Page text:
Leaving the lab
At the age of eight, Farrah Bhatti would take the contents of her parents’ fruit bowl to school to test its acidity. Fast forward 15 years and, to no one’s surprise, she had started a PhD in organic chemistry.
A career as a university scientist was just around the corner, she hoped.
But by the end of the second year things looked somewhat different.
“I felt my research would never end,” she says.
It is now a month since Bhatti, 27, took her PhD viva and turned her back on lab work. She has moved into science policy and spends her days meeting with politicians and scientists and drafting submissions.
Recent research shows that Bhatti is one of many women who, after a PhD, jettison a potential career as a university scientist for work in a different field. A study for the United Kingdom’s Royal Society of Chemistry has found that although 72% of the women surveyed intended to pursue a university career in the first year, by their third year this had slumped to 37%.
This was not the case for their male peers. The study found 61% of them wanted to pursue a university research career in their first year; this fell to 59% by their third year.
“These are potentially high-achieving female academics,” says Annette Williams, director of the UK Research Centre for Women in Science, Engineering and Technology. “It’s a huge waste of talent, productivity and innovation at a time when more money is being invested in science and technology.”
Two recently published studies investigate why these women are leaving. About 450 molecular bioscientists (all female) and 610 chemists (male and female) took part. All were either studying for PhDs or had just finished.
More women than men had come to view academic careers as too solitary and the fight for permanent posts too competitive. One in 10 of the men felt “powerless to resolve significant issues” with their supervisors, whereas this was the case for 17% of the women.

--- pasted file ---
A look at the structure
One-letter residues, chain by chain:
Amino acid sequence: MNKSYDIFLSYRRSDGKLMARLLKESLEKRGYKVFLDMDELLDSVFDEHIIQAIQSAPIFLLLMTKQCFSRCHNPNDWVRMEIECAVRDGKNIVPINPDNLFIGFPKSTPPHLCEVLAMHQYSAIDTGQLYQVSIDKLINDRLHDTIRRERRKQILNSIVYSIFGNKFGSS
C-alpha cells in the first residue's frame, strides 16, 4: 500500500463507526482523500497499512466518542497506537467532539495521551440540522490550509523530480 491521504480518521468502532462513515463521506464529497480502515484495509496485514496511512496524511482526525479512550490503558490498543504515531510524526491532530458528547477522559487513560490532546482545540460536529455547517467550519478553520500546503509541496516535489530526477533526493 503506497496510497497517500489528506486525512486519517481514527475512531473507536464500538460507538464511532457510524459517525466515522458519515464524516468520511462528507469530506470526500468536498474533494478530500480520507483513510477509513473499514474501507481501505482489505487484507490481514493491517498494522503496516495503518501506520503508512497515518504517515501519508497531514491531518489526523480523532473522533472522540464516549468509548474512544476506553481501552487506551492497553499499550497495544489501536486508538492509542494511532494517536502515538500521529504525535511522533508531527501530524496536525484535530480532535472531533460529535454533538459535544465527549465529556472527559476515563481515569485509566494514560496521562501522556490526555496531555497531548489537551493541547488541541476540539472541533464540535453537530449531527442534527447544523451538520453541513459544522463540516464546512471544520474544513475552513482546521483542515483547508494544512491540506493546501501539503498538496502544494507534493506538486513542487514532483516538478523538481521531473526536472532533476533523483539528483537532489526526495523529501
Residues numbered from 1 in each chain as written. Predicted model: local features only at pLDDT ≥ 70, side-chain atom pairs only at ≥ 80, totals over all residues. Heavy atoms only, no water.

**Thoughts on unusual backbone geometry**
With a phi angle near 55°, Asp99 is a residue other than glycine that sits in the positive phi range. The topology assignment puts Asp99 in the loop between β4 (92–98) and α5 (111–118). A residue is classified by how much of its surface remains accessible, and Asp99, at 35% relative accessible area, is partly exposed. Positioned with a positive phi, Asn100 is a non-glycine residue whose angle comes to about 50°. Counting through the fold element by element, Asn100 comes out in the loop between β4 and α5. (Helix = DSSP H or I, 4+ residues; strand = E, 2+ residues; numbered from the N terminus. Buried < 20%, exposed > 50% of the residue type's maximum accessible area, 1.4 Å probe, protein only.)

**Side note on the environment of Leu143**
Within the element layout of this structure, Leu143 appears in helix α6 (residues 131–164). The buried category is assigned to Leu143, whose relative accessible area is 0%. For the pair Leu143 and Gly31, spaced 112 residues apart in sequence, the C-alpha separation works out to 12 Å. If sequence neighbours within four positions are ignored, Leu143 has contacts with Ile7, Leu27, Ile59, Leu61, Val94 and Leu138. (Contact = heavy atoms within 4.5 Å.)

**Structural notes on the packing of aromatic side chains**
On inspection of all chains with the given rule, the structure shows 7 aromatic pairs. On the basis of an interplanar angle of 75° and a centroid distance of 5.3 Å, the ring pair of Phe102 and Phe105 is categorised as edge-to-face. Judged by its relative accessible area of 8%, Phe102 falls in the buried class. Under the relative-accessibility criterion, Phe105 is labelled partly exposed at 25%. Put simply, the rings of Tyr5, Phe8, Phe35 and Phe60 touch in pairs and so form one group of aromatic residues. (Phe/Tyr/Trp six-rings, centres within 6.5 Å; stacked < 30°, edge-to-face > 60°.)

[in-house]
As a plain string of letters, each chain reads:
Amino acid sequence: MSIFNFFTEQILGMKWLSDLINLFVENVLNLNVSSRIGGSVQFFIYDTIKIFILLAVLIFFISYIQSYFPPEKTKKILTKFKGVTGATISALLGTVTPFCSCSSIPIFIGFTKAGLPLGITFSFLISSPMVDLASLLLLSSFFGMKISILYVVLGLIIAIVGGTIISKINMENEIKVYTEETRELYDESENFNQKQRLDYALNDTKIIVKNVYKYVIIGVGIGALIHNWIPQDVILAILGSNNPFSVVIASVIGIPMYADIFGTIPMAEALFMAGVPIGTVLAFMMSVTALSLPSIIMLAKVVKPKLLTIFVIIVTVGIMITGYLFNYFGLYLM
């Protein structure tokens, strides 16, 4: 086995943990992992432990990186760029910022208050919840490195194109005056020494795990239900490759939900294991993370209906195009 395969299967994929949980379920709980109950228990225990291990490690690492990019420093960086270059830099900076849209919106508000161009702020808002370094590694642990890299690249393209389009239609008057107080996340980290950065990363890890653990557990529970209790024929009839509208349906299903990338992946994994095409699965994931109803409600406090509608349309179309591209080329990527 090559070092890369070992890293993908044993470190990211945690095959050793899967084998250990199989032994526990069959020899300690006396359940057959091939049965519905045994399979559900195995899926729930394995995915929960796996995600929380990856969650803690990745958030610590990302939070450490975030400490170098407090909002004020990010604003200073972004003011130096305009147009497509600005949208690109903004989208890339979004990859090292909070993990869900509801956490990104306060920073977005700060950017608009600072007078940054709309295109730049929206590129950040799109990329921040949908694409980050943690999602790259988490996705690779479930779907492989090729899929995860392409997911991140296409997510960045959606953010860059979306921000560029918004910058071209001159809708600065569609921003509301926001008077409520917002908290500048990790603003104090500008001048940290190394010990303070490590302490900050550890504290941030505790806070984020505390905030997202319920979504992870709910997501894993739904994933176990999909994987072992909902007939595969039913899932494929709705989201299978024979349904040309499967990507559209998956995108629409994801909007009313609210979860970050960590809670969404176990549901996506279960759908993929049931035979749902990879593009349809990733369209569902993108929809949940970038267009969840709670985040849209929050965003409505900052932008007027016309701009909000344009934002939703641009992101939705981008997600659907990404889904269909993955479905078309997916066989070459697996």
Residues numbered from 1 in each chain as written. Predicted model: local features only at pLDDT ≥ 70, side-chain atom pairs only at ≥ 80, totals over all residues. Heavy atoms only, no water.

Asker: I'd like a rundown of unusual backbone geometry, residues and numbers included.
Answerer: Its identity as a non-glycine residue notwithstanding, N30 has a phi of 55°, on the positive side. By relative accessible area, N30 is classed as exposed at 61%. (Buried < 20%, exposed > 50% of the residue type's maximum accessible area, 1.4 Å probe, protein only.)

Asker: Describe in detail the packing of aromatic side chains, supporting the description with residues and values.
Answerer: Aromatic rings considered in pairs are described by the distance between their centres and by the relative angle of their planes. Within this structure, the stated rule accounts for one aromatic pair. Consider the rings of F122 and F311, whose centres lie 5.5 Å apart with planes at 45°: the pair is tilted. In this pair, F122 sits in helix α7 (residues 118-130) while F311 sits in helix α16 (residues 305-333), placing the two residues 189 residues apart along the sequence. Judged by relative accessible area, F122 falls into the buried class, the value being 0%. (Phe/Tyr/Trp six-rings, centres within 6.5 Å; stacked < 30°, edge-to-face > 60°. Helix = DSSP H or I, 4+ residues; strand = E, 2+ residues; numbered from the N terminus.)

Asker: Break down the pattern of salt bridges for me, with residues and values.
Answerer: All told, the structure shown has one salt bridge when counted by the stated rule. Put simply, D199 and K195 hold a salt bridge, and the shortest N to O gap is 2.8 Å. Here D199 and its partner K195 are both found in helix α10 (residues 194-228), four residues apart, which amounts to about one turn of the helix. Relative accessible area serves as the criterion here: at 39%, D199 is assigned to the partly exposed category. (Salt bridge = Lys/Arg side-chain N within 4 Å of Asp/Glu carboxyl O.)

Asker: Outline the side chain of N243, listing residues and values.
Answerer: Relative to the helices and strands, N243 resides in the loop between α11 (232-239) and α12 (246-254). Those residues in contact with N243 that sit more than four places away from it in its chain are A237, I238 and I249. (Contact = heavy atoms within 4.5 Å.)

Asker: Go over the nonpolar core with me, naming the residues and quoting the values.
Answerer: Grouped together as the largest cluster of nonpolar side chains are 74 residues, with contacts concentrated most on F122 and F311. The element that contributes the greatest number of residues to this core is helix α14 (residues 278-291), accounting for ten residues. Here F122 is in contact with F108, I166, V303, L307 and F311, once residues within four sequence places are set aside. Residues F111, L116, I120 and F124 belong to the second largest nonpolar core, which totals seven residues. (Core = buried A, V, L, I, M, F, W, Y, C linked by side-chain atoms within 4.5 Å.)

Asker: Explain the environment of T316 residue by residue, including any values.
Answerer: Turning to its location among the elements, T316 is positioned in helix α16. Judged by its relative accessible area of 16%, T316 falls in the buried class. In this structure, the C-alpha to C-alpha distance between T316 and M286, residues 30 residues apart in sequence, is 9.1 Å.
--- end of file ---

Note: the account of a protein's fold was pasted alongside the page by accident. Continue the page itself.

More women than men felt isolated or excluded from, and sometimes even bullied by, their research group. When their experiments went wrong, the women were more likely to “internalise failure”. And more women than men were discouraged by the “all-consuming nature of science”.
Women were also more likely to find their research repetitive and frustrating—57% did, compared to 43% of the men. This finding, in particular, baffles Dr Shara Cohen, a former senior scientist who quit nine years ago.
“Having children is also repetitive and has its disappointments,” she says. “They’re saying they don’t like these things, but it is what they are used to doing with children. You’d think they would be good at this.”
Cohen, 45, whose firm organises scientists’ conferences, says she has no regrets.
It was the insecurity that also put off Elizabeth Milsom, 26. In the first year of her electrochemistry PhD, Milsom wanted to continue her research. By the end, she craved more contact “with the outside world”. But it was the lack of job security that worried her most.
“If you aren’t tough enough to take it early on, you might not be suited for the knocks that a science career will inevitably deliver,” says Jenny Rohn, 41, a post-doctoral cell biologist.
“You work hard, but can juggle it in your own way,” says Rivka Isaacson, 33, a biophysics postdoc. “You have more autonomy than you might in other jobs. It’s constantly stimulating and you meet and work with interesting people.”
Rohn says, when she was studying, women were told: “Don’t worry, when the old guys retire, women will get the professorships.” But, she says: “The reality seems to have been that the old guys are replaced with younger guys.”
Williams insists all the right policies are in place for women to stay on after their PhDs and pursue university research careers.
But why see this all so negatively, asks Rohn. “I don’t see women leaving academia as a defect or as cowardice. I see it as wisdom. With a science PhD, it’s possible to do a host of other rewarding and important jobs. Women now feel they can give up gracefully and go on to do something more fun.”—